describes the bill as the “first chip away from the rock that is juvenile
life without parole in Illinois.”

The Illinois Prisoner Review Board also continues to evaluate for parole
about 100 people who were convicted prior to 1978. These so-called
“C-numbers” have spent four to five decades in prison and are now elderly. Many
have educated themselves and mentored younger prisoners, and have allies on the
outside willing to provide them with jobs and housing. Nonetheless, they
continue to be denied parole by board members who focus on the one thing
that the candidates cannot change: their original conviction.

Meanwhile, over 90 per cent of incarcerated Illinoisans still have no eligibility
for discretionary parole.

A New Coalition for Parole

A group of men incarcerated at Stateville prison initiated a more inclusive
movement for parole. In a prison debate class taught by Katrina Burlet in
2017/2018, the men chose parole as their topic. Upon researching parole
systems across the nation, they drafted a 21-point proposal for a system
that would regularly and fairly assess for release every individual
imprisoned in the state. In March, 2018, in the first event of its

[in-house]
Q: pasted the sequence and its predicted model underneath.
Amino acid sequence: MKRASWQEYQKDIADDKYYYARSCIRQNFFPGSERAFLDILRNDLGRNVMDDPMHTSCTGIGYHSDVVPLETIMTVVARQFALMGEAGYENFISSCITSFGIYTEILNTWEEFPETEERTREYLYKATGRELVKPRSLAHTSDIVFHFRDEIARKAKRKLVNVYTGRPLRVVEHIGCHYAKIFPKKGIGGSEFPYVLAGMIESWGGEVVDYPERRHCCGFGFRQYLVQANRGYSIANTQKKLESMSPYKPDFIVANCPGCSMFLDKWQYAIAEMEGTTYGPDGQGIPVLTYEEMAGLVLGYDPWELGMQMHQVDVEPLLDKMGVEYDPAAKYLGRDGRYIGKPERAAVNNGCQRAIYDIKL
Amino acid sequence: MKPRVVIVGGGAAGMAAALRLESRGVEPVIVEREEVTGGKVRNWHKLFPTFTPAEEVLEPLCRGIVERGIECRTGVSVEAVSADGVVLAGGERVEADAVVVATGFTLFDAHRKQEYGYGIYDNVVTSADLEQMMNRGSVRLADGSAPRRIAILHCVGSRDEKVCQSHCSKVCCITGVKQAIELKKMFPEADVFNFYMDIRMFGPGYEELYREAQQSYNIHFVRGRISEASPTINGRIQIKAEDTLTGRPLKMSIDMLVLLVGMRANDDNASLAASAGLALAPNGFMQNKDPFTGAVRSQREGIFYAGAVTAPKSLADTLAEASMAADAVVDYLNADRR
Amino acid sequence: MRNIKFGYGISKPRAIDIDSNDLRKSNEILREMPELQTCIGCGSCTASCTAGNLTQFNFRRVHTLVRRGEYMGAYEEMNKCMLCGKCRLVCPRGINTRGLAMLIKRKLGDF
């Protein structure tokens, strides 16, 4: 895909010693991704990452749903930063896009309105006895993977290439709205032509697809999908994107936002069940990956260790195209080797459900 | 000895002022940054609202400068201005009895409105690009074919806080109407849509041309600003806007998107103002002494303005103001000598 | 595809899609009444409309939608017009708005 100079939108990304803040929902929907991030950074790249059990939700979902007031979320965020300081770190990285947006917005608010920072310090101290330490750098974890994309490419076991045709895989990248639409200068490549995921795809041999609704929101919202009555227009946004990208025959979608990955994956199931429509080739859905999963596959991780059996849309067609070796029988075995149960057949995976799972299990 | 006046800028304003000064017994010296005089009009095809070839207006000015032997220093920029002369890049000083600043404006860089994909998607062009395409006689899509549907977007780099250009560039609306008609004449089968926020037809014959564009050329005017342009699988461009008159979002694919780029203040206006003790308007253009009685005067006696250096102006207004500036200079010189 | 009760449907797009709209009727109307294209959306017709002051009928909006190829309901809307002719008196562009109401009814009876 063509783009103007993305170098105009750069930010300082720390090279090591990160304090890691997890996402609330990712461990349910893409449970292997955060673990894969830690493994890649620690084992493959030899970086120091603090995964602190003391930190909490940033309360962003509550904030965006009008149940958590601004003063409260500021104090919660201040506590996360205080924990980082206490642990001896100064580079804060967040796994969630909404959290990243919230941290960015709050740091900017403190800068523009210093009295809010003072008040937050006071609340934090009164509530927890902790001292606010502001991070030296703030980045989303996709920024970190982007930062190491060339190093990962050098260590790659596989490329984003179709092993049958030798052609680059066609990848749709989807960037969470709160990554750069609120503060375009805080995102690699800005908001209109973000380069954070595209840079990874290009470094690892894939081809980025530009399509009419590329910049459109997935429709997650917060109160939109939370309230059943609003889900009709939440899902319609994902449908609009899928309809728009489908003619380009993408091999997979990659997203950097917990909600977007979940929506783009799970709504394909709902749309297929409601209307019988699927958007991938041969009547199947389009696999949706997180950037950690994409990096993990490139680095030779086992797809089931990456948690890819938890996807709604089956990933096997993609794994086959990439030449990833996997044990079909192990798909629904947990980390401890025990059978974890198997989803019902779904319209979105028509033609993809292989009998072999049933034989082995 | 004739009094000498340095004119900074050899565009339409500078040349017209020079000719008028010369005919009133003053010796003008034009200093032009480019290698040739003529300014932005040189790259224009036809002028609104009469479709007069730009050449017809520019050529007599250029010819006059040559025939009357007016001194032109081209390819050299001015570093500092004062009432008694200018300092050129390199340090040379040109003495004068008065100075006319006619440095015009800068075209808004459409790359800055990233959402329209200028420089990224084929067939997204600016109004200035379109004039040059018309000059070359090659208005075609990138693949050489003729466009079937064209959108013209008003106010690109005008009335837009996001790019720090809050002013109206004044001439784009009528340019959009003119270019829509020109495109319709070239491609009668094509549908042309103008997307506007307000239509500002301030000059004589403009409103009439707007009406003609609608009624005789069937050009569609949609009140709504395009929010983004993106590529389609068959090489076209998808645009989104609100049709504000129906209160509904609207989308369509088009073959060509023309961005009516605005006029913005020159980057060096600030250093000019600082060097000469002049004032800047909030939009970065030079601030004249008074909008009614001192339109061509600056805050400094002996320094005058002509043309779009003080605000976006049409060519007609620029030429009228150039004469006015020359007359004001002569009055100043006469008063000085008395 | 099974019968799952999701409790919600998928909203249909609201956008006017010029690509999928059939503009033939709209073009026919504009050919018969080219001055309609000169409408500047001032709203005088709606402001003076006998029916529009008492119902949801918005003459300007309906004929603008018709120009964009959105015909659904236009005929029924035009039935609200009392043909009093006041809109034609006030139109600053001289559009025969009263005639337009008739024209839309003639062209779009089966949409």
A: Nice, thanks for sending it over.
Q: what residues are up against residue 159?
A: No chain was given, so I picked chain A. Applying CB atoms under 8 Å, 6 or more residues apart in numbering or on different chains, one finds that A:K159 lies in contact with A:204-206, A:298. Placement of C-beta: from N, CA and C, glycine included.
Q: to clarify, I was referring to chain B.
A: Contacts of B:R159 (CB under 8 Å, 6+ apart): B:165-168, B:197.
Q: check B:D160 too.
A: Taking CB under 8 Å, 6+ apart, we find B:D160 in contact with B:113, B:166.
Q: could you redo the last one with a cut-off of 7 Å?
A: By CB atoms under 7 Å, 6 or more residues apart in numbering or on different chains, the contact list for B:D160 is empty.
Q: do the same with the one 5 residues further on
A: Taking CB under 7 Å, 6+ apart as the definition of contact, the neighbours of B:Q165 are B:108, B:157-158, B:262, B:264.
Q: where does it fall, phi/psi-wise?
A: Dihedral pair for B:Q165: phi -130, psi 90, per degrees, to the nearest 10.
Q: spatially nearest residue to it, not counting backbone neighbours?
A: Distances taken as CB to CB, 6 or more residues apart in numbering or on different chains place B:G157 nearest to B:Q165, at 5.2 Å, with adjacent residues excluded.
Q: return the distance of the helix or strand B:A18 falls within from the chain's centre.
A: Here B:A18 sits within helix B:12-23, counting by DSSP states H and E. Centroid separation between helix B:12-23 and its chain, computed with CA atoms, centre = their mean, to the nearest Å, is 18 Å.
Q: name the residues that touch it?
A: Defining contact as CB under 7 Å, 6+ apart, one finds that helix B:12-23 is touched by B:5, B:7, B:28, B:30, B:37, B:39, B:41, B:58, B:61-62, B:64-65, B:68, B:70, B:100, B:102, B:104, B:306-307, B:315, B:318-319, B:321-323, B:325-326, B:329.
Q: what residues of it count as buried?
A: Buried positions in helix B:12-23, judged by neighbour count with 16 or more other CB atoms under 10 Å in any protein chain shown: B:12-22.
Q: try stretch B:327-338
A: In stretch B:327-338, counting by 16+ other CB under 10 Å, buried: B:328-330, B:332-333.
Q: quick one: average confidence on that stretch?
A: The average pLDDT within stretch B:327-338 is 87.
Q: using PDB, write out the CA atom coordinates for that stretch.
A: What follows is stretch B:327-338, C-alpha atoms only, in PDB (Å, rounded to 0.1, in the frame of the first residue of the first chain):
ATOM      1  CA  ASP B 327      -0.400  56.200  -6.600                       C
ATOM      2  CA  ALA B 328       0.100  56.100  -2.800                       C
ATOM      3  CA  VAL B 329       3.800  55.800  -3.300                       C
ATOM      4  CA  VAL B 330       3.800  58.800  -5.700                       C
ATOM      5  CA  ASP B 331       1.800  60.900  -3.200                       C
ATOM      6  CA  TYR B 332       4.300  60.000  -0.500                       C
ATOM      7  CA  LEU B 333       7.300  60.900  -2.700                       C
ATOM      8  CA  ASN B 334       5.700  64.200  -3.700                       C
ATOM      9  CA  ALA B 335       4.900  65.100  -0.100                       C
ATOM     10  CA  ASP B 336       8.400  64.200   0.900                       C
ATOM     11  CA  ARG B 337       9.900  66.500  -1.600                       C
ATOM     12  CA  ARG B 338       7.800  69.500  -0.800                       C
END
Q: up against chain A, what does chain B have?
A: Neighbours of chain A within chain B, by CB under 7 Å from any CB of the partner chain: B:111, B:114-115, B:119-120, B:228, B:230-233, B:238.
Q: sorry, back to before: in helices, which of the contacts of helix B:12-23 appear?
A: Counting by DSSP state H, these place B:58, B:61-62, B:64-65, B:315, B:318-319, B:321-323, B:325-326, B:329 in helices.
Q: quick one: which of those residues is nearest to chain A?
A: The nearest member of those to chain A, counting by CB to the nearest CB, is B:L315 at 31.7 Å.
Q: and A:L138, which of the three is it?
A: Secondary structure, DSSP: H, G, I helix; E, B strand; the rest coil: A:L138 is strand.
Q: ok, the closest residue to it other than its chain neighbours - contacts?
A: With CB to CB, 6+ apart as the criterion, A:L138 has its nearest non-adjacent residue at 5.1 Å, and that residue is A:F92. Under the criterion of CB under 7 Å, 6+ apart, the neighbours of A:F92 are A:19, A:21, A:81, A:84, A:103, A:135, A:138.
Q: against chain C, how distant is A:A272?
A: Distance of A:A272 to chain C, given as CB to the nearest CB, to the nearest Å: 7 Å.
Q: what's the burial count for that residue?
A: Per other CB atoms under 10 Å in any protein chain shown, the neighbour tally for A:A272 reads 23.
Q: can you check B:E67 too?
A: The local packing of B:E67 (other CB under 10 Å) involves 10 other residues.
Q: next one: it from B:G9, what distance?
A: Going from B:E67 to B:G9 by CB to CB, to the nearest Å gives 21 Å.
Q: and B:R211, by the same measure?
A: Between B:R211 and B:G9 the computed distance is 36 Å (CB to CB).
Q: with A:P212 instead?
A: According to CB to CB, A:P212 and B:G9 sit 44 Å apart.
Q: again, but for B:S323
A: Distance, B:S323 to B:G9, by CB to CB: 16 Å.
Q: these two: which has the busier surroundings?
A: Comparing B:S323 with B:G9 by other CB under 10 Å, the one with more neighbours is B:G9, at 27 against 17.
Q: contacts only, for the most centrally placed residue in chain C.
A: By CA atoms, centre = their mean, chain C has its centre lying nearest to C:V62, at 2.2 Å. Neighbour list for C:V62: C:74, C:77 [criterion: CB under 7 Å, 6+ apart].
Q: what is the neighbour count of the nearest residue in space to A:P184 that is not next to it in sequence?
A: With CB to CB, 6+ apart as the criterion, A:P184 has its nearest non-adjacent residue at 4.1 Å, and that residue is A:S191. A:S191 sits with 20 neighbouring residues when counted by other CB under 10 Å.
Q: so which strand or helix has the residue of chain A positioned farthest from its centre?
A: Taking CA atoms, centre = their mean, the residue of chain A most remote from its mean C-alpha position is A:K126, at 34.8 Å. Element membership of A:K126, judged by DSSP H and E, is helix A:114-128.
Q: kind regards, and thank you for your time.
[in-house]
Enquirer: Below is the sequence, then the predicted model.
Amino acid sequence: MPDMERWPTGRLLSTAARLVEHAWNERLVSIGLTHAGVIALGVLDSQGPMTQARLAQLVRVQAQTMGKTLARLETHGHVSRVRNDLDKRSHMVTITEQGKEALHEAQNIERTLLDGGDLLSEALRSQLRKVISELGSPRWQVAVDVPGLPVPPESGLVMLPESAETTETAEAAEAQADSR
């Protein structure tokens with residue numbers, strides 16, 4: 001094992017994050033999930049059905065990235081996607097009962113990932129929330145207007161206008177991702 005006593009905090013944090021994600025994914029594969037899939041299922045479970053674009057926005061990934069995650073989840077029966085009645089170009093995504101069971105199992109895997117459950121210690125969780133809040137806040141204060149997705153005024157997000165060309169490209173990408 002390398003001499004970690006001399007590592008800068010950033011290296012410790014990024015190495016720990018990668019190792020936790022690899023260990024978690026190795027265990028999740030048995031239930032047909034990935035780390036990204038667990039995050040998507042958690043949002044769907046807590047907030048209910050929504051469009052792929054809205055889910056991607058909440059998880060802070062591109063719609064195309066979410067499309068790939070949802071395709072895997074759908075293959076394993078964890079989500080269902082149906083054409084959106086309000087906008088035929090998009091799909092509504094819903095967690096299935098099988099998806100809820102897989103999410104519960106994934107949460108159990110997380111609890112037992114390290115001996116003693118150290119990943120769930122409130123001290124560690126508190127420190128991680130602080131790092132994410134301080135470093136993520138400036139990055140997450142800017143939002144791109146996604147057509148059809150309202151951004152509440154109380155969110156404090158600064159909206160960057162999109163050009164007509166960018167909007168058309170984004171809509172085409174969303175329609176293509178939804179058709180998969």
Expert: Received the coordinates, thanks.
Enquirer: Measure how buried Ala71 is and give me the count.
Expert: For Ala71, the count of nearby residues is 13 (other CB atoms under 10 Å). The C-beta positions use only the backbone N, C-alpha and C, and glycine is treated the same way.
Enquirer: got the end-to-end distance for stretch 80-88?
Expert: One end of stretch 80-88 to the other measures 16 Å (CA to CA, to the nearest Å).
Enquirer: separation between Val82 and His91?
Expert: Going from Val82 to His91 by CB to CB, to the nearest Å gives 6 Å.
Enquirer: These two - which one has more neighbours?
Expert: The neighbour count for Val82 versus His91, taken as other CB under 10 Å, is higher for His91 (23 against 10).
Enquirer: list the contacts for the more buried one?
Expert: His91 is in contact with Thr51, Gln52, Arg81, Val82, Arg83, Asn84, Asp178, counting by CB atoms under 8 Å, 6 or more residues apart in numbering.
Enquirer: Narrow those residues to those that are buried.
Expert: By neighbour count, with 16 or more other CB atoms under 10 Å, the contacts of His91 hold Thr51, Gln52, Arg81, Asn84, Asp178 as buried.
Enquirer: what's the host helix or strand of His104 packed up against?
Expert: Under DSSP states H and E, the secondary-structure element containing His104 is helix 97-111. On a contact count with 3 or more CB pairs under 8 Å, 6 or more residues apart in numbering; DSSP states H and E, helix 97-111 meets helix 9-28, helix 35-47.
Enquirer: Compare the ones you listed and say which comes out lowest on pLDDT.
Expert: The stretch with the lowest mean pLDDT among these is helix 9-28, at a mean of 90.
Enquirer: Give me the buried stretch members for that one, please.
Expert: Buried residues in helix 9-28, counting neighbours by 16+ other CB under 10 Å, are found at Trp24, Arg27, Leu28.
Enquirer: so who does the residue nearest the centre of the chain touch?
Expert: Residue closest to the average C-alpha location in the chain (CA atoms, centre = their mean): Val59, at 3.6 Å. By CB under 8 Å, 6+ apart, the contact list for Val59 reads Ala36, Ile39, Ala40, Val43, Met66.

kind at Stateville, the men presented arguments about the
intricacies of different parole systems to a group of invited guests, which
included 10 per cent of the state’s legislators. Several of the guests, including
Representative Rita Mayfield, were inspired by the men to work on parole
legislation, informed by the men’s arguments. Despite the success of the
event, the Department of Corrections responded by cancelling the class and
banning the teacher.

The men of the debate class were not deterred. The authors of this article
launched a website,, that shares resources about
Illinois justice advocacy and brings the voices of incarcerated individuals
into discussions about parole. They were joined by a handful of activists
inside and outside of prison to form Parole Illinois.

Now an official state-registered organization co-directed by Joseph Dole
and Rebecca W. B., the coalition has been educating the public about the
devastation that over-incarceration has wrought on our communities and the
need to shift the focus of the Illinois Department of Corrections from
warehousing to rehabilitating people, so that every incarcerated person has
a chance to come home. It also has been forming alliances with other racial
and social justice movements and preparing to mobilize for fair and
inclusive parole legislation.

Fairness and inclusivity are key themes. Parole Illinois has called not
only for the return of discretionary parole but for the use of a
risk assessment instrument to serve as the primary factor in evaluating
eligibility for parole. They also have called for the regular auditing of